Lovely, quite opulent and rich, easy quaffing Pomerol. This wine was ordered as we ran out of Le Pin and Cheval Blanc, so it was a tough act to follow, but it ‘performed’ admirably.
Egon Muller Scharzhofberger Auslese 2003 91 points
Crisp, racy, and sweet. Beautifully balanced and very refreshing – surprisingly so for a 2003. I expected something more fat and, well, cloying. Thankfully not.
The whole table had the same tasting menu:
Various appetisers, including peas with mint, baby zucchini, pigeon bombon, carrots with orange
Foie gras ‘turron’ with truffle salad
Asparagus with mandarine
Morels in sheep’s milk
Green olives parmentier
Aubergine soufflé with sardines
Amontillado steamed gambas
Cod with bread soup, beans and chilli oil
Lightly smoked sea bass
Kid belly fillet
Pigeon with red fruits
An aromatic pea dish
‘Tresor’ – a perfumed dessert
Endive with coffee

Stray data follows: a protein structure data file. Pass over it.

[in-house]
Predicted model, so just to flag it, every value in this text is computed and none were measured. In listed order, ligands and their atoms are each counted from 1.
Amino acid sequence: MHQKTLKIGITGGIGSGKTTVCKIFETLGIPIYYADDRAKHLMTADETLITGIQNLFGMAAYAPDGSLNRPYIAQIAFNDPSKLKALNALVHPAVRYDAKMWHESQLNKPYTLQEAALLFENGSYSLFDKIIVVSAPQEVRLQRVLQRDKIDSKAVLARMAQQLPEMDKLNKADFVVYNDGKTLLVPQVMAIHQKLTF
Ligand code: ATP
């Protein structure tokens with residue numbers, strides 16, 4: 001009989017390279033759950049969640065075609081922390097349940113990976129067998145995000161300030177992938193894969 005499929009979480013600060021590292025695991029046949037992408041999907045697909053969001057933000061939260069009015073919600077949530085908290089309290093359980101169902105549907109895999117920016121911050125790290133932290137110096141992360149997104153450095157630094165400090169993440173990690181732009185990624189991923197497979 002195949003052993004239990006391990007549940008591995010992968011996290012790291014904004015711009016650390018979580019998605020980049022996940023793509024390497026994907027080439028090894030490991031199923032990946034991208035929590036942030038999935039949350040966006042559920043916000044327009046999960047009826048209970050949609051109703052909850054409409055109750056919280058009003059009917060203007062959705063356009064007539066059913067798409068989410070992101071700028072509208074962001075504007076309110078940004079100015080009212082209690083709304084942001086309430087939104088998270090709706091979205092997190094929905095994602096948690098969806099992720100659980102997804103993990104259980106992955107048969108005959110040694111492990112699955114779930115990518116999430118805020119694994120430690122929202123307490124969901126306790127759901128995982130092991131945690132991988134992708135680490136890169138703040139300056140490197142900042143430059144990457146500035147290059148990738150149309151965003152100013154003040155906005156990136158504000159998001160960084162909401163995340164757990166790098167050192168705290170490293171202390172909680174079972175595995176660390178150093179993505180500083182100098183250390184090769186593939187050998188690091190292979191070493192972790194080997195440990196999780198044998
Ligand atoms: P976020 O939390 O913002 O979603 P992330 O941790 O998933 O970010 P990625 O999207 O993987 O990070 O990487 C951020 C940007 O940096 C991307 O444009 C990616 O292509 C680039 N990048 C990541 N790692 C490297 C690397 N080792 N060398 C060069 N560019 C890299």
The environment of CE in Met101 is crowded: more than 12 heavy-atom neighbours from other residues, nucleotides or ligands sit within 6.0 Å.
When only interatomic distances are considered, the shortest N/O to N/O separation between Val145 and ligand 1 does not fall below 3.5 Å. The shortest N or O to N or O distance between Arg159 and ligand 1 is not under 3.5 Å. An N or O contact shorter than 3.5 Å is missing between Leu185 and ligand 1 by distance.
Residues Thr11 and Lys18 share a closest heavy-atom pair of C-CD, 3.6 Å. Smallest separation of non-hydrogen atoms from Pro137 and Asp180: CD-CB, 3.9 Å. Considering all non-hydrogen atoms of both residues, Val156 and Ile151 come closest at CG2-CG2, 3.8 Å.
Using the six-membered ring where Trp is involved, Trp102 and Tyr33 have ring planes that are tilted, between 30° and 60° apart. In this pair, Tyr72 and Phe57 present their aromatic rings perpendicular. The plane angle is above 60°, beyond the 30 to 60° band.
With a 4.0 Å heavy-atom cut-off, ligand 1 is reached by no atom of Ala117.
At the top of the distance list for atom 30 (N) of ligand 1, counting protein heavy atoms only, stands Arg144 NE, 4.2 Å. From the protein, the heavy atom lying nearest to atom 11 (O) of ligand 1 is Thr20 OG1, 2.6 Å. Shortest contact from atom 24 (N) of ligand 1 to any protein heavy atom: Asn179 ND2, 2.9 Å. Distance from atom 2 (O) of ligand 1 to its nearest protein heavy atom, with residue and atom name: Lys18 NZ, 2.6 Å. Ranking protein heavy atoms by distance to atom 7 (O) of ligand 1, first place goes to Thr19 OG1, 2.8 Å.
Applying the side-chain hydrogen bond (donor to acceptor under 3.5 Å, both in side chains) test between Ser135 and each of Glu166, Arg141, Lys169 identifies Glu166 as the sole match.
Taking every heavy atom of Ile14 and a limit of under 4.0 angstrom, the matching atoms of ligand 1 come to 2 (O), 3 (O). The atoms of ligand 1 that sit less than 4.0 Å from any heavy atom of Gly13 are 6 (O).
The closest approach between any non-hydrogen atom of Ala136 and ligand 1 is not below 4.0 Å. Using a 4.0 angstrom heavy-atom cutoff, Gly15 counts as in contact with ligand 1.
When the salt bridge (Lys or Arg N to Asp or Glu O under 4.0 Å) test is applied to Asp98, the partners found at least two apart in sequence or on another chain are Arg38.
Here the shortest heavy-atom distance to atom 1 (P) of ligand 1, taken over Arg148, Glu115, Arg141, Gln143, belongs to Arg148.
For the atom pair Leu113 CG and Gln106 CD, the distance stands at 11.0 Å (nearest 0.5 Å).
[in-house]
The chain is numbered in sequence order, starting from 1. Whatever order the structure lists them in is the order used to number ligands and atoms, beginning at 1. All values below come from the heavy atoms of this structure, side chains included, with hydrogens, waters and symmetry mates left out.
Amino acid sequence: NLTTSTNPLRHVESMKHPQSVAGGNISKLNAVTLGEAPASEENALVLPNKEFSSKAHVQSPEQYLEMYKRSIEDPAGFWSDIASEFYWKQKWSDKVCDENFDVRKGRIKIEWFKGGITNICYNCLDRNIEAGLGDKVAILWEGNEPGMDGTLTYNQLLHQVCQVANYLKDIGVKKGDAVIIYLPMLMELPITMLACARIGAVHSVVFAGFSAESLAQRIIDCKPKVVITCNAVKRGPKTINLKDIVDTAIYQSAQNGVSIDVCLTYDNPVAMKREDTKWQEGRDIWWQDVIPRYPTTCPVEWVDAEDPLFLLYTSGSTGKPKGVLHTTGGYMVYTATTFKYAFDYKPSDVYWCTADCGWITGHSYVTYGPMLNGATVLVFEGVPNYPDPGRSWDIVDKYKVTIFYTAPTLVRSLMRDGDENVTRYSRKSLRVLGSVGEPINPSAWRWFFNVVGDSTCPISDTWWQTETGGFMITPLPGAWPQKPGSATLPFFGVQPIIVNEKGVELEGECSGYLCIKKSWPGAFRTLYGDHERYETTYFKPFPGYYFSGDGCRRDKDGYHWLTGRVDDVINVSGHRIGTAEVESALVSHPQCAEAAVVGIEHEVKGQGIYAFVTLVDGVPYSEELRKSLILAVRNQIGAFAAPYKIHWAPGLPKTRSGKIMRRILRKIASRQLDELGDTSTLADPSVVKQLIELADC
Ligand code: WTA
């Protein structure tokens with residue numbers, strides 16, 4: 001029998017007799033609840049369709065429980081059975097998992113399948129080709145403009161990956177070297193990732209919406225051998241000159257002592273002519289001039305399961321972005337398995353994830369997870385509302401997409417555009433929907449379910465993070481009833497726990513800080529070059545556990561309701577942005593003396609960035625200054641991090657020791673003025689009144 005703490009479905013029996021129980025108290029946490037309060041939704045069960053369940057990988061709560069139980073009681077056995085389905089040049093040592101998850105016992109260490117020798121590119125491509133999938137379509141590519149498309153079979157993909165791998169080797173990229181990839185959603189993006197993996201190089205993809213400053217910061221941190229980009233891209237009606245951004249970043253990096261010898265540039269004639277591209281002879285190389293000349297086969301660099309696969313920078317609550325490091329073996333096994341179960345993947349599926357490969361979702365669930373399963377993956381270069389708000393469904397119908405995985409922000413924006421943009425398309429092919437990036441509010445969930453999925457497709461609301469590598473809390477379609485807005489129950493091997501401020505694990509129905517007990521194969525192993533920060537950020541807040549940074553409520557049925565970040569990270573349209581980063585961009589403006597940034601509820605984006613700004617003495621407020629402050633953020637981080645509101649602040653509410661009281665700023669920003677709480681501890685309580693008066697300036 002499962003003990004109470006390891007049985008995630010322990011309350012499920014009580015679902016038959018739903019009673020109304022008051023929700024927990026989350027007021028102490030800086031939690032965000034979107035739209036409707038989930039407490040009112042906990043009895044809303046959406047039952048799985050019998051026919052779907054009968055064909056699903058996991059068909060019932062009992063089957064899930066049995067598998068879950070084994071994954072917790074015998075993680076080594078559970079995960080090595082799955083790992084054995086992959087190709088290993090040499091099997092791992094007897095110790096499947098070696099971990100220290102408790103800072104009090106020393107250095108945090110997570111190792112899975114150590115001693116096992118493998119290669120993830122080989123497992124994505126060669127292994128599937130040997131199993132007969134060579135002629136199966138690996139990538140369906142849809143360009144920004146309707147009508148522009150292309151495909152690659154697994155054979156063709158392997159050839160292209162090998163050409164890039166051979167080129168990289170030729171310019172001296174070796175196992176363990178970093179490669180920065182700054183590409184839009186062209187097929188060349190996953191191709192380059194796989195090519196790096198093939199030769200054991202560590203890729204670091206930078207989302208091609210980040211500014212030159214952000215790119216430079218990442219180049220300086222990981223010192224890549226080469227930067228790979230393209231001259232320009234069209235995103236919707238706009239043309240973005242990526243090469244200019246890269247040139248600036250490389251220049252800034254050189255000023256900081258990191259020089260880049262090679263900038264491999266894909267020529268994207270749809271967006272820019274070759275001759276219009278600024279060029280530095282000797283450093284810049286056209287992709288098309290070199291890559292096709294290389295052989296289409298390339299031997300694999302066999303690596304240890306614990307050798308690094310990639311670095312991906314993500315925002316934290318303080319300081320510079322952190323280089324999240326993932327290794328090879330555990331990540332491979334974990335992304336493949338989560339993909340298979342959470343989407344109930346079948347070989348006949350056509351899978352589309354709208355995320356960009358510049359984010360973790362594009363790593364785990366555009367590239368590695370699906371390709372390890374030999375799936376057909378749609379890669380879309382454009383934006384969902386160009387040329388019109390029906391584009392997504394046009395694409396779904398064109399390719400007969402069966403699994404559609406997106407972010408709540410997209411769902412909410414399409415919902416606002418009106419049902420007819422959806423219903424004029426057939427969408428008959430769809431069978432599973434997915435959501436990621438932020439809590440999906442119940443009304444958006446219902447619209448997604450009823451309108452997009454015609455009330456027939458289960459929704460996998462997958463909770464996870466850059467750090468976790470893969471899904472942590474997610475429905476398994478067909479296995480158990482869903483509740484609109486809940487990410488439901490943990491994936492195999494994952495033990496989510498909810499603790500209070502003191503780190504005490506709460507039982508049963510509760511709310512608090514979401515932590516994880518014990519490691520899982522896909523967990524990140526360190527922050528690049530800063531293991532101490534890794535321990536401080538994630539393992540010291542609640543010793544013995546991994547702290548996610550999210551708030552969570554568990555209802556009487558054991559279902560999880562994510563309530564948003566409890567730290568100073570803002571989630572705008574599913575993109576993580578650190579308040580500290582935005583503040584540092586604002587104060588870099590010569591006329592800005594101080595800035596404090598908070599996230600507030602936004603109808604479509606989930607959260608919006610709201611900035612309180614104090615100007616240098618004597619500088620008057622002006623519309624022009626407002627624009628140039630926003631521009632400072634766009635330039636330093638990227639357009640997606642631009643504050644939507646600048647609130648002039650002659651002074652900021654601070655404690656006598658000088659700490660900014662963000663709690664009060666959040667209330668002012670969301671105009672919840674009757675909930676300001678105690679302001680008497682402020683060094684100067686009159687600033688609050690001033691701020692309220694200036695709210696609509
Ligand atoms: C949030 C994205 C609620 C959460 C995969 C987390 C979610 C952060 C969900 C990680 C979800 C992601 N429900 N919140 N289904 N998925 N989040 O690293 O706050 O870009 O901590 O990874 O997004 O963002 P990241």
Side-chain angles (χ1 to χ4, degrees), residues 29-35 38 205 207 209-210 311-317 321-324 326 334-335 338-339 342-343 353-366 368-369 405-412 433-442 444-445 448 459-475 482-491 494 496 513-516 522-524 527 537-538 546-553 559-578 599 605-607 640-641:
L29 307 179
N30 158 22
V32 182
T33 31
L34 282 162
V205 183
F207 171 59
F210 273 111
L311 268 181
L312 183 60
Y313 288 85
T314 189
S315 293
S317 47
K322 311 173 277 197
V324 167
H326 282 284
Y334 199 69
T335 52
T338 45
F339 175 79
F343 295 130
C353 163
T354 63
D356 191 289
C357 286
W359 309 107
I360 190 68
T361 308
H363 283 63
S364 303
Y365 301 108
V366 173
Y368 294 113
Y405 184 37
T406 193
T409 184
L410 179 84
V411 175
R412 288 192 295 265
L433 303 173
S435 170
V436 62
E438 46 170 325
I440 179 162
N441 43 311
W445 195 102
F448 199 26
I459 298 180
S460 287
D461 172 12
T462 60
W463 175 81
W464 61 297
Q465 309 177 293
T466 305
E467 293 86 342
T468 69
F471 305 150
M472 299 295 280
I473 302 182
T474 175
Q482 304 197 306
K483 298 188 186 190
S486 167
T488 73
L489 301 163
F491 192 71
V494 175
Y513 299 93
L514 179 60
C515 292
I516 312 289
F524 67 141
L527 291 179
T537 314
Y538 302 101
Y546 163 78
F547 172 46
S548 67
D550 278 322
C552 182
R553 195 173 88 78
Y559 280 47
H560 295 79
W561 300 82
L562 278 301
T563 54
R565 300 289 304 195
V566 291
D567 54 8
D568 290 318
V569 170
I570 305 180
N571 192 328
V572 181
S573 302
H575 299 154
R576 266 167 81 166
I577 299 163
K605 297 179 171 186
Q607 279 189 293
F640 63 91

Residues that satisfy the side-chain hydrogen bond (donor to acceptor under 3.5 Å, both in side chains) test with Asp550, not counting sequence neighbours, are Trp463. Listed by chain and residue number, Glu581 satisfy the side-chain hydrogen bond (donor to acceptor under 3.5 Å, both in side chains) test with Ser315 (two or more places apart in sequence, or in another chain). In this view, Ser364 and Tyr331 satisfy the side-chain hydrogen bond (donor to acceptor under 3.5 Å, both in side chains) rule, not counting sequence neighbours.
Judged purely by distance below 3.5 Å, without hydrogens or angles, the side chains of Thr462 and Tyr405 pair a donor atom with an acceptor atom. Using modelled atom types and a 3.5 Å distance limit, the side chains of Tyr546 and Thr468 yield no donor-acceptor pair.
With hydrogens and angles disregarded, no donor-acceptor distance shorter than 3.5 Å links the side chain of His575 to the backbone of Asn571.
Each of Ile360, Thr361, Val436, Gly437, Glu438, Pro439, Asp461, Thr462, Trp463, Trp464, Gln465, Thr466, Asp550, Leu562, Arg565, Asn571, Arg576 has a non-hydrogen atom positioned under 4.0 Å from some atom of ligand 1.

It was an outstanding evening, and special thanks to David, Filip, Ignace and Guust. The food is certainly up to two star Michelin standard. For me, the wine list is worthy of three stars in its own right, and I can see why two of the Belgian guests occasionally fly direct on Ryanair to Girona for a night, have dinner and fly home again the following day. All the wines were served in beautiful glasses too, mostly from Riedel and Speiglau. I’ll certainly be back. We merrily gave our congratulations to chef Joan Roca, and to his brother Josep, who runs the amazing cellar.
This small group gather every two years to celebrate the life of our late friend, Christopher Smail, who died of cancer at the ridiculously young age of 42 in 2004. Christopher used to fly a group of friends and business colleagues out to Bordeaux for a weekend of golf, food and wine. He never held back on the wine or food, instructing me to order only the best. It’s fair to say that we did him proud, although I’m quite certain that he would have preferred to have been with us. Or perhaps he was.